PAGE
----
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Basilica di San Clemente, Nero’s Domus Aurea and the Mithraic Mysteries

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San Clemente, named after Pope Clement I, 3rd successor of St Peter, is located in via San Giovanni in Laterano, called 'Stradone S. Giovanni' by today's Romans (see 2 pictures below.) Click for credits and to zoom in.

Mostly Otium (little Negotium)

As I said in the previous post (1) we are having some rest although (2) we are obliged to take care of our company a bit plus (3) I’m having fun musing upon ancient texts I try to read in the original.

Moreover (4) my walk paths about Rome will also follow a tentative list of archaeological places I want to visit much more attentively than I ever did before.

As a Celtic unspoilt-heart poet once wrote:

What is this life if, full of care,
We have no time to stand and stare.

[Btw, 1, 3, 4 are called otium in Latin (leisure, sort of), while 2 is called negotium (business, sort of.) The on-line magazine Otium from Uchicago may be worth glancing through]

 

Caelian hill with San Clemente on the right, the Coliseum on the left, via di San Giovanni with 'Gay Street' at its left end right on top of Gladiators' Ludus Magnus. Above, the Domus Aurea villa area on the beginning Esquiline slope where I take my walks (Google Maps)

A Jewish Freedman: Pope Clement I

Now, as an appetizer I have just been to a place nearby, the Basilica di San Clemente as I told Paul Costopoulos.

One of the greatest places in Rome for archaeology history and religion, this basilica was named after Pope St Clement, the third successor of St Peter.

According to recent research Clemens was a Jewish freedman who belonged to the household of the martyr Titus Flavius Clemens, great-nephew of the Roman Emperor Vespasian.

[It is known freedmen or liberti – also called libertini, nothing to do with libertinestook the family name or their own master’s name though we’ll see Roman naming conventions another day]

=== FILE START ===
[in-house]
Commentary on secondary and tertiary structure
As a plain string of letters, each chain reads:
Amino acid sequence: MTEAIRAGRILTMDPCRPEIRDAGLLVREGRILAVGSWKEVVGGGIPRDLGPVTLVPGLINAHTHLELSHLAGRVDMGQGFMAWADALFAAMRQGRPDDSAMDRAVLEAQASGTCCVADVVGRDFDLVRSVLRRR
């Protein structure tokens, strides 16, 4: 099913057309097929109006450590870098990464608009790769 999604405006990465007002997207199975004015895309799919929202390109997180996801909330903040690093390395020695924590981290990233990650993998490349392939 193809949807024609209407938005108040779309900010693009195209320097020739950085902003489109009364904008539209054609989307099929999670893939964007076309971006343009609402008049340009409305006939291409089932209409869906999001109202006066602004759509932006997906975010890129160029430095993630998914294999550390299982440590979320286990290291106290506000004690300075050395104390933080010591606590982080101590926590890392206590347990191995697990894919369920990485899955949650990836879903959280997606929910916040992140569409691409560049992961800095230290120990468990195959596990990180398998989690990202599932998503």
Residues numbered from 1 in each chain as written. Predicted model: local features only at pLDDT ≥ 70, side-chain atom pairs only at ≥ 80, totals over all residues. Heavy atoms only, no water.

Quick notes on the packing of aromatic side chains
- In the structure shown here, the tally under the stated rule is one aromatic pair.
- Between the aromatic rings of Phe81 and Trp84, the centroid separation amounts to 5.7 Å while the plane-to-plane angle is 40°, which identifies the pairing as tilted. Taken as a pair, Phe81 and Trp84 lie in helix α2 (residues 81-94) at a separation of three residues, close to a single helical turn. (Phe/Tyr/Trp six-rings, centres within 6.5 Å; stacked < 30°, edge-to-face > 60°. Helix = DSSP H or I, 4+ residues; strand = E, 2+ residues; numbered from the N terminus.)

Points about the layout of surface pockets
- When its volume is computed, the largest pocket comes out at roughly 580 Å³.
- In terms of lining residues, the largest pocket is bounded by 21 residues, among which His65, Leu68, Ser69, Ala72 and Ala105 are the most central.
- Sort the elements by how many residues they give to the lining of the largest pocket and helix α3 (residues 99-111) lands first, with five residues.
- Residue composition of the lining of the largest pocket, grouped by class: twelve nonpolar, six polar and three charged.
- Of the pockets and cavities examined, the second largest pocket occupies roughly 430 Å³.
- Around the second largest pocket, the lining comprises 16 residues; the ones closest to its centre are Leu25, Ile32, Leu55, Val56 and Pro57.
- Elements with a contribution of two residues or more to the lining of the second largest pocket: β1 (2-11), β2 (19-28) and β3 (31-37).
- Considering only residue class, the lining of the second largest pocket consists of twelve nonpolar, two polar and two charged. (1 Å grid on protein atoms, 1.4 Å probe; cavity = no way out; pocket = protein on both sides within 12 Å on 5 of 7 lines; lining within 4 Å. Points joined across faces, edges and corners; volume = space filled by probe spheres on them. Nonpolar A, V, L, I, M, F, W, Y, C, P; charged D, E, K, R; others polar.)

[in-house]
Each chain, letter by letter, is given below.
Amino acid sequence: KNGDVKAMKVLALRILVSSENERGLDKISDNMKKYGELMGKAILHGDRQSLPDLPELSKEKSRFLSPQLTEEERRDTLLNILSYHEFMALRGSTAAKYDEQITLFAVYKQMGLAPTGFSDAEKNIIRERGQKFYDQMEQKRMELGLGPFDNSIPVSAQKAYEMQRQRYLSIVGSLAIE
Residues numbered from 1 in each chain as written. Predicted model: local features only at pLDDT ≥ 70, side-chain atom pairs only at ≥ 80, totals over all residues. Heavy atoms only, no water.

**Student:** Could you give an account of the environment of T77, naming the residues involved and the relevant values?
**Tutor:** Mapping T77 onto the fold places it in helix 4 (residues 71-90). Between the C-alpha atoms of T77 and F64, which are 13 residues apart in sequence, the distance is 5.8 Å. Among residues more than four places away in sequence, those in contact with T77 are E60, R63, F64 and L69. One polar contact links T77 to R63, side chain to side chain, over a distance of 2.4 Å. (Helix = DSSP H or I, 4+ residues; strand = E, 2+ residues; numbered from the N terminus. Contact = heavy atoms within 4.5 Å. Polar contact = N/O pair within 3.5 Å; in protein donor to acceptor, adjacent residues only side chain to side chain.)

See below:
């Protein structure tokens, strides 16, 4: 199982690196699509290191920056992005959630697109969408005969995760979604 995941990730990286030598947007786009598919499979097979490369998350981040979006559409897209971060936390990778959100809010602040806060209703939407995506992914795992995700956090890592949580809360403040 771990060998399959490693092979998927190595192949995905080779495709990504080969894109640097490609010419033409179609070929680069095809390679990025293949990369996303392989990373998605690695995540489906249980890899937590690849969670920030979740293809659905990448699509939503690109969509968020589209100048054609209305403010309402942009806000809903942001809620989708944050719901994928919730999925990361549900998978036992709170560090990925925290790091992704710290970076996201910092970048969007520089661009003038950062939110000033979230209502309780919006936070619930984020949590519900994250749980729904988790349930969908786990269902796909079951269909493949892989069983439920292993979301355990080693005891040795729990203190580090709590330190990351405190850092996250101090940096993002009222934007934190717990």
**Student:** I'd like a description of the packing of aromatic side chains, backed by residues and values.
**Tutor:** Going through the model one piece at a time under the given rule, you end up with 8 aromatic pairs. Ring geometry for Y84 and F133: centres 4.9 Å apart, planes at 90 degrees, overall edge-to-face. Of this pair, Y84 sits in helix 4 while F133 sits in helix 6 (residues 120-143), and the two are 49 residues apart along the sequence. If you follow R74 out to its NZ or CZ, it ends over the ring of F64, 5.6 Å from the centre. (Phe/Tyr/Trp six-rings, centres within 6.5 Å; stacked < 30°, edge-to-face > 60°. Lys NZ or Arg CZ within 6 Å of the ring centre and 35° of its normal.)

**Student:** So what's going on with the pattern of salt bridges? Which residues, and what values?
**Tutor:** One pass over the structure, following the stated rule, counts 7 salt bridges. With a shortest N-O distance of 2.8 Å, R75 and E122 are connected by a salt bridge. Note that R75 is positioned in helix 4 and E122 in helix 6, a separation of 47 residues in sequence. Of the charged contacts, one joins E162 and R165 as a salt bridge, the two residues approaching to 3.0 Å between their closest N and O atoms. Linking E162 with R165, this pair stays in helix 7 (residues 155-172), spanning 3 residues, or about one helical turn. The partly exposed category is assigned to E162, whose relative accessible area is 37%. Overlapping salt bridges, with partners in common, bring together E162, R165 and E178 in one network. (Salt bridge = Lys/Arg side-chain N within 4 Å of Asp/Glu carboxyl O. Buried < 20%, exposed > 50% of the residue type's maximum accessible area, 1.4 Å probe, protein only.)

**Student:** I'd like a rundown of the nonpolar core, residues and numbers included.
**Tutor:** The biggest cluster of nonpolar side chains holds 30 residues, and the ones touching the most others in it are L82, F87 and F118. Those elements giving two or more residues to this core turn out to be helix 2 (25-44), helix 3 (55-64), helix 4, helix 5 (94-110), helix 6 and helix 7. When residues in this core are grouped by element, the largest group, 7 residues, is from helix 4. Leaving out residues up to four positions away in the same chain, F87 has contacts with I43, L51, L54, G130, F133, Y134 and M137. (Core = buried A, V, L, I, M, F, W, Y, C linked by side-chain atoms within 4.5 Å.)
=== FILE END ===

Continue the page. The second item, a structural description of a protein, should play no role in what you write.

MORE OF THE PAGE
San Clemente on the Stradone or Via San Giovanni in Laterano. This is where we buy bread and eat the true Neapolitan Pizza. Direction is towards the bigger Basilica of San Giovanni in Laterano. Photo by MoR, public domain.

The Pilgrimage Road where Gay Street is now

 

Today’s basilica was built during the High Middle Ages (12th cent. AD) and despite some baroque maquillage it is still romanesque in its main structure. It is located on the ‘via di San Giovanni in Laterano’ pilgrimage road that led (and still leads) to San Giovanni in Laterano, the Roman Popes’ former residence until they moved to St. Peter at the Vatican.

The last 325-yard area of this road just in front of the Colosseum is today called Gay street. I think gays & lesbians feel protected right in the heart of pagan Rome, with (see the Google map above) the Oppian hill and Nero’s Domus to the right, the Coliseum in front, and just under their feet the Ludus Magnus, the greatest school of gladiators of the Empire (see a model of it.)

Popes or Pontiffs – can’t stop digressing – come from the Pontifices, singular Pontifex, a member of ancient Rome’s highest-ranking state priests’ Collegium (college), whose chief was the pontifex maximus.  Well, the Pope’s title is Pontifex Maximus too, therefore implying not only the actual Bishop of Rome but the survival (possibly) of such ancient magistratus. Majestic Julius Caesar was a Pontifex Maximus as well. I like the idea so much allow me.

Four Strata of History

High time now to tell the story of San Clemente, a tale made of 4 strata.

1) In the first century AD the area was occupied by insulaeapartment buildings for the indigent plebs – some plebeians were tho rich and belonged to the upper class -and for the Equites, middle class of knights (equestrians.)

Nero's Domus Aurea octagonal building (see below)